Standards Development Activity for March 2015

The U. S. Technical Advisory Group (TAG) to ISO/TC 131- fluid power systems has been working on a number of projects in March. Following is a sampling of current projects underway in the committees:

Published Standard ISO 18413:2015 – Hydraulic fluid power — Cleanliness of components — Inspection document and principles related to contaminant extraction and analysis, and data reporting.  This International Standard specifies the content of an inspection document that specifies both the cleanliness requirement for the specified hydraulic fluid power component and the inspection method to be used for evaluating its cleanliness level. In addition, guidelines for relevant extraction methods and analysis methods are given.

New Work Item Proposal to Revise ISO 6162-2 – Hydraulic fluid power — Flange connections with split or one-piece flange clamps and metric or inch screws — Part 2: Flange connectors, ports and mounting surfaces for use at a pressure of 42 MPa (420 bar), DN 13 to DN 76.  This part of ISO 6162 gives general and dimensional specifications for flanged heads, split flange clamps (FCS and FCSM), one-piece flange clamps (FC and FCM), ports and mounting surfaces applicable to four-screw, split and one-piece flange clamp type tube connectors and hose fittings for use at a pressure of 42 MPa (420 bar ). It also specifies the dimensions of the seals to be used, as well as the grooves that house the seals.  At a recent TC 131 meeting it was determined that a change in the location of the identification groove was needed.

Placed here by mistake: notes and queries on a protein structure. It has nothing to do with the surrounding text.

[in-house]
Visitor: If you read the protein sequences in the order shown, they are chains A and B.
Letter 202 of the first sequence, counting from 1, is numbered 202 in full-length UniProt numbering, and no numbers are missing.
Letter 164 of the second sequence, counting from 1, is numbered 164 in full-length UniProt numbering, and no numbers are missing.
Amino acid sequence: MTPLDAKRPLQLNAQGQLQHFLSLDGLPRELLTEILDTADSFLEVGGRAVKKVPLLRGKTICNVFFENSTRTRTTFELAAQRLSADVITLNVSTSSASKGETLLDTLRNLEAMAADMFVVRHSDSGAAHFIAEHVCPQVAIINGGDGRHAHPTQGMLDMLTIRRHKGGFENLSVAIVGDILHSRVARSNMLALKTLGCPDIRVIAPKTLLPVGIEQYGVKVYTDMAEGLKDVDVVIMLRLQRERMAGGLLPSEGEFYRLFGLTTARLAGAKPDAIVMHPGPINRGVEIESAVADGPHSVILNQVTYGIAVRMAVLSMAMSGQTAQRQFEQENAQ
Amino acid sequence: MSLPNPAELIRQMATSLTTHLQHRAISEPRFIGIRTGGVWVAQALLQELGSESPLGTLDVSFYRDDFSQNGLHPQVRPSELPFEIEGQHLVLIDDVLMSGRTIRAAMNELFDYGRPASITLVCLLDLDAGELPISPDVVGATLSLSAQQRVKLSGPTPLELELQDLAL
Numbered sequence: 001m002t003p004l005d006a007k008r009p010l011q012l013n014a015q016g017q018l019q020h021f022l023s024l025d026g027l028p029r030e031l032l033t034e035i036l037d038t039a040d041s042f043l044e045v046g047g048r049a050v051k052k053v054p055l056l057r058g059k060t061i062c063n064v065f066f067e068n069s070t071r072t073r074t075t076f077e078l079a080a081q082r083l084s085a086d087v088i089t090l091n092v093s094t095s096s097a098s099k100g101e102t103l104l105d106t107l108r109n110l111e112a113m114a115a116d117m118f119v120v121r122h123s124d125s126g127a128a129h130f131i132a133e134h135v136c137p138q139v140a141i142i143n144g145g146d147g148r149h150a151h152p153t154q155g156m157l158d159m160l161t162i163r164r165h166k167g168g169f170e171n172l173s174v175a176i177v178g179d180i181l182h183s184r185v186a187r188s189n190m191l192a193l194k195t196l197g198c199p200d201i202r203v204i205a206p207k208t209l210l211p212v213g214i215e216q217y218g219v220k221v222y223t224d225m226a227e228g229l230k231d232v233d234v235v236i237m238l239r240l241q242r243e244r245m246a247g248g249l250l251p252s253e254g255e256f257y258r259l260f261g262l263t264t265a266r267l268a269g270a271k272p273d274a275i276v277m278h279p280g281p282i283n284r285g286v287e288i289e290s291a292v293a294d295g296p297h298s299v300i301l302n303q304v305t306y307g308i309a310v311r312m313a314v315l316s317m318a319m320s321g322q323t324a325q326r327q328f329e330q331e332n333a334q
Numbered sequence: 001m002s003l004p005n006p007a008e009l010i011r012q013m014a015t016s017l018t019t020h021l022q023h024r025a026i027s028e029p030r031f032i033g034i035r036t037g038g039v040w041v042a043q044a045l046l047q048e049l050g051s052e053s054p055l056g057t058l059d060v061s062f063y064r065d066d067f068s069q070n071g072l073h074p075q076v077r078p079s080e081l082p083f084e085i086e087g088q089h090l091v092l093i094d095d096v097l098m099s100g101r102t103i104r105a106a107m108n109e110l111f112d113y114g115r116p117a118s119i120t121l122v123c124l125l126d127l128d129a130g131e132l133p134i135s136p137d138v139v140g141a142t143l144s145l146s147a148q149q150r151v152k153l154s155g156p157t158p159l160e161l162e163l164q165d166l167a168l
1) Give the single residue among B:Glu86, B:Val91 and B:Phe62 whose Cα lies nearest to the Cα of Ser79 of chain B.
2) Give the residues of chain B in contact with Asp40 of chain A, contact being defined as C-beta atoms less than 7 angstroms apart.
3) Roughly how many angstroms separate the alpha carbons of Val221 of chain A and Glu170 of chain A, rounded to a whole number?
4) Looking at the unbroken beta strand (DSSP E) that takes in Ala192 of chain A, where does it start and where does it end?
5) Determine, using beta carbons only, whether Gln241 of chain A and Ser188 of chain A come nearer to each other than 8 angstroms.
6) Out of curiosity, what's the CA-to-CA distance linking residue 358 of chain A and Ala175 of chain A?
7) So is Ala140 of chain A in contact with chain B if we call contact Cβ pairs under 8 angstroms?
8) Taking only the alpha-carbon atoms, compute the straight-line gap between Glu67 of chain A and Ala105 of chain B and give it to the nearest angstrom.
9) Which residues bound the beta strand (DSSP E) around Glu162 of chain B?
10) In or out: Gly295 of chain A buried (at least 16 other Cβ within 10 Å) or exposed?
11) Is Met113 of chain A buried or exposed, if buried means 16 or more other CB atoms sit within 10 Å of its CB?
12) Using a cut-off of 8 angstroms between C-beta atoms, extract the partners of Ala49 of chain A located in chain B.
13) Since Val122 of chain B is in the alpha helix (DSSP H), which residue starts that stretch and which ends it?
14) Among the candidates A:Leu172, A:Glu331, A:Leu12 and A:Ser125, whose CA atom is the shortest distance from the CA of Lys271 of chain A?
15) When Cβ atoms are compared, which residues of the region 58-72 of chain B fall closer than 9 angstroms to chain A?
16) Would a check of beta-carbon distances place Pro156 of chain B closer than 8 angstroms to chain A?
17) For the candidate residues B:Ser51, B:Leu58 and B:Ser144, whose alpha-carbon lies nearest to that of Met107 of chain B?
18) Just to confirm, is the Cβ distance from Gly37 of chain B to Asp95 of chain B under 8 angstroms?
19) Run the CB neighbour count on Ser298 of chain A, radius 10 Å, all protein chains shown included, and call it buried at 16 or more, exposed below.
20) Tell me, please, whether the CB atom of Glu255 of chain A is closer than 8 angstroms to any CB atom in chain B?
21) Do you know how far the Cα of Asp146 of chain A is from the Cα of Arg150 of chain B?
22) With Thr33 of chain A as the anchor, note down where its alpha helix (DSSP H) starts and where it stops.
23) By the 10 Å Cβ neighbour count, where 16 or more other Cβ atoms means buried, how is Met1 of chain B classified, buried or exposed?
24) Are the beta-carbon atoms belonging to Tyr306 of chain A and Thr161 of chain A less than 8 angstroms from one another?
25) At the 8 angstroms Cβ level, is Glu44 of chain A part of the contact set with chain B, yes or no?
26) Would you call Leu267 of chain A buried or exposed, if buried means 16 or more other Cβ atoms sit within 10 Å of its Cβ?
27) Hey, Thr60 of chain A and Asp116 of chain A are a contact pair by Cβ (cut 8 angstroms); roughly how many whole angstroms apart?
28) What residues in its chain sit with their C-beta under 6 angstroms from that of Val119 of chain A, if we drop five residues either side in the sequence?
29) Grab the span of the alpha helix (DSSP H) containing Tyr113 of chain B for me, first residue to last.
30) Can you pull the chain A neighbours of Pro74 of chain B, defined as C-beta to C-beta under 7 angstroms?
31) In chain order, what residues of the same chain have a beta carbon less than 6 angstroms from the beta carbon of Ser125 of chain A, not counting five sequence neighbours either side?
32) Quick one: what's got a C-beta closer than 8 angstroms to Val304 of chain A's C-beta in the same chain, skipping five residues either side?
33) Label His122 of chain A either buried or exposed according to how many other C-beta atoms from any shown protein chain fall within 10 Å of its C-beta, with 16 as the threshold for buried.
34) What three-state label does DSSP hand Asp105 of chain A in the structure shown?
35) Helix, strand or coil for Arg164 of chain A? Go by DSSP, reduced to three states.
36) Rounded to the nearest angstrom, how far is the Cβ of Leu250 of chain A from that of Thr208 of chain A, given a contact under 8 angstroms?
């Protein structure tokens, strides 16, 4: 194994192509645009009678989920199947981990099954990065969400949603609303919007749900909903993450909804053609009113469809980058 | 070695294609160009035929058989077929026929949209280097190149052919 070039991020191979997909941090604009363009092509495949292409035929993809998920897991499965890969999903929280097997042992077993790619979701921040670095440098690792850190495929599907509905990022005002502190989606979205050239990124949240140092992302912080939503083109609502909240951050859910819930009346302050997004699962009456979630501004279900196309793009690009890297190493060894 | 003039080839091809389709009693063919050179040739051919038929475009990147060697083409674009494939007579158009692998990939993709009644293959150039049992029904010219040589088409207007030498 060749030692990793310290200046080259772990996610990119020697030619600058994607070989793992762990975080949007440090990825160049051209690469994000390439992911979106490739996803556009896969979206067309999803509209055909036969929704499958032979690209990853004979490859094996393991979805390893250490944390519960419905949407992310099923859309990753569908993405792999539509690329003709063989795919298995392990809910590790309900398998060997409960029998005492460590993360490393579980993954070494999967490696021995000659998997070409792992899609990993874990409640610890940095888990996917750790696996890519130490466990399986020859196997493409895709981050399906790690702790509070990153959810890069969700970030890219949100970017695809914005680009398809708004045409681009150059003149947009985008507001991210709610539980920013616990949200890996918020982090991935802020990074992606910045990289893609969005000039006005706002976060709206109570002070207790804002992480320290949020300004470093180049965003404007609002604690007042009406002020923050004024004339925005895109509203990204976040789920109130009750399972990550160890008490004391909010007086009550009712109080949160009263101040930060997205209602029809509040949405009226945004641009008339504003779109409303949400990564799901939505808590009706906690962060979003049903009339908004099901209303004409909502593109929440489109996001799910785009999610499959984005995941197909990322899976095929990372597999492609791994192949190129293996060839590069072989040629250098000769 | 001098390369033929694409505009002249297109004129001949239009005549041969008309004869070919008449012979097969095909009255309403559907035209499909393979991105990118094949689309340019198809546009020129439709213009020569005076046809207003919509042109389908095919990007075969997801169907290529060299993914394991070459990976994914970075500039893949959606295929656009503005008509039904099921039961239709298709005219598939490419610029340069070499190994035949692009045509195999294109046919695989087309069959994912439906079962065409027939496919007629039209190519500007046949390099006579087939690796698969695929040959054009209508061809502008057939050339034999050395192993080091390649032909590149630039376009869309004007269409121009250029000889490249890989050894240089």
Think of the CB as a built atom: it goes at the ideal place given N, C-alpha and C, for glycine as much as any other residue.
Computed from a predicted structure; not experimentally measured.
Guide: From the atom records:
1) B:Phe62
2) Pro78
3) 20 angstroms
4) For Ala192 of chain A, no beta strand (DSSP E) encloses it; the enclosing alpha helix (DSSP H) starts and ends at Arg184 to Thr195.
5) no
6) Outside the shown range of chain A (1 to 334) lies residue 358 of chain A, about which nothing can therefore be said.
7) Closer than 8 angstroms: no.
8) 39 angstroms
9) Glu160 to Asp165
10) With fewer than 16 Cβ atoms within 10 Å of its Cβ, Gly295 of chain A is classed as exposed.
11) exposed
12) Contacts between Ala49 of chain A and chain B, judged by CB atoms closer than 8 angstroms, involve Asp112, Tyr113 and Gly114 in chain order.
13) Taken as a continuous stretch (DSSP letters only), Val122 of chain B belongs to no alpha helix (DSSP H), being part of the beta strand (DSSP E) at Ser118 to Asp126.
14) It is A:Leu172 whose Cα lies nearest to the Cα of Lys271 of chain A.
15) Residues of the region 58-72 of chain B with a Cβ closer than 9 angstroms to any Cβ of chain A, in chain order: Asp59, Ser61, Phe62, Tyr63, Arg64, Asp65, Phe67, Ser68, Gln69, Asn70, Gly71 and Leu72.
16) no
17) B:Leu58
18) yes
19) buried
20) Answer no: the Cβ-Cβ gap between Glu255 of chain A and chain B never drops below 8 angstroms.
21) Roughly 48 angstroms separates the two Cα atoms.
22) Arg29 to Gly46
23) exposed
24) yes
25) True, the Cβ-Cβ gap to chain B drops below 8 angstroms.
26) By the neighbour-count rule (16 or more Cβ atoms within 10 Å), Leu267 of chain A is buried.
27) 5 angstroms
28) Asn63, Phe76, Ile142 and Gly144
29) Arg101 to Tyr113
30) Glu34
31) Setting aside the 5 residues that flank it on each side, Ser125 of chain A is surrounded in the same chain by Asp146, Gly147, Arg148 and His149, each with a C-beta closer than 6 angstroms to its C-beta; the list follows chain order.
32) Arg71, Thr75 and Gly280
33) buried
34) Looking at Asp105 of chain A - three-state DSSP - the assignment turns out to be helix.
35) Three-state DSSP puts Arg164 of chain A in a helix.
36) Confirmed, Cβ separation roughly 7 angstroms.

Systematic Reviews – Every five years ISO Standards are reviewed by their technical subcommittees to ensure that they are current.  The U.S. TAG to SC 4 – Connectors is currently reviewing 12 such ISO Standards for 2015.  The individual Standard is either approved for another five years, recommended for a revision or withdrawn.

It is important for the fluid power industry to provide end users with a set of requirements, specifications and guidelines that can be used consistently to ensure that materials, products, processes and services are being used for the purpose they were made.  Projects like those listed above are good examples of the work being done by the fluid power technical experts.

To learn about NFPA and the ISO Standards (draft, published, or withdrawn) relevant to fluid power go to NFPA’s Standards Locator.

For more information on how you can get involved in the development of fluid power Standards, please contact Denise Rockhill.

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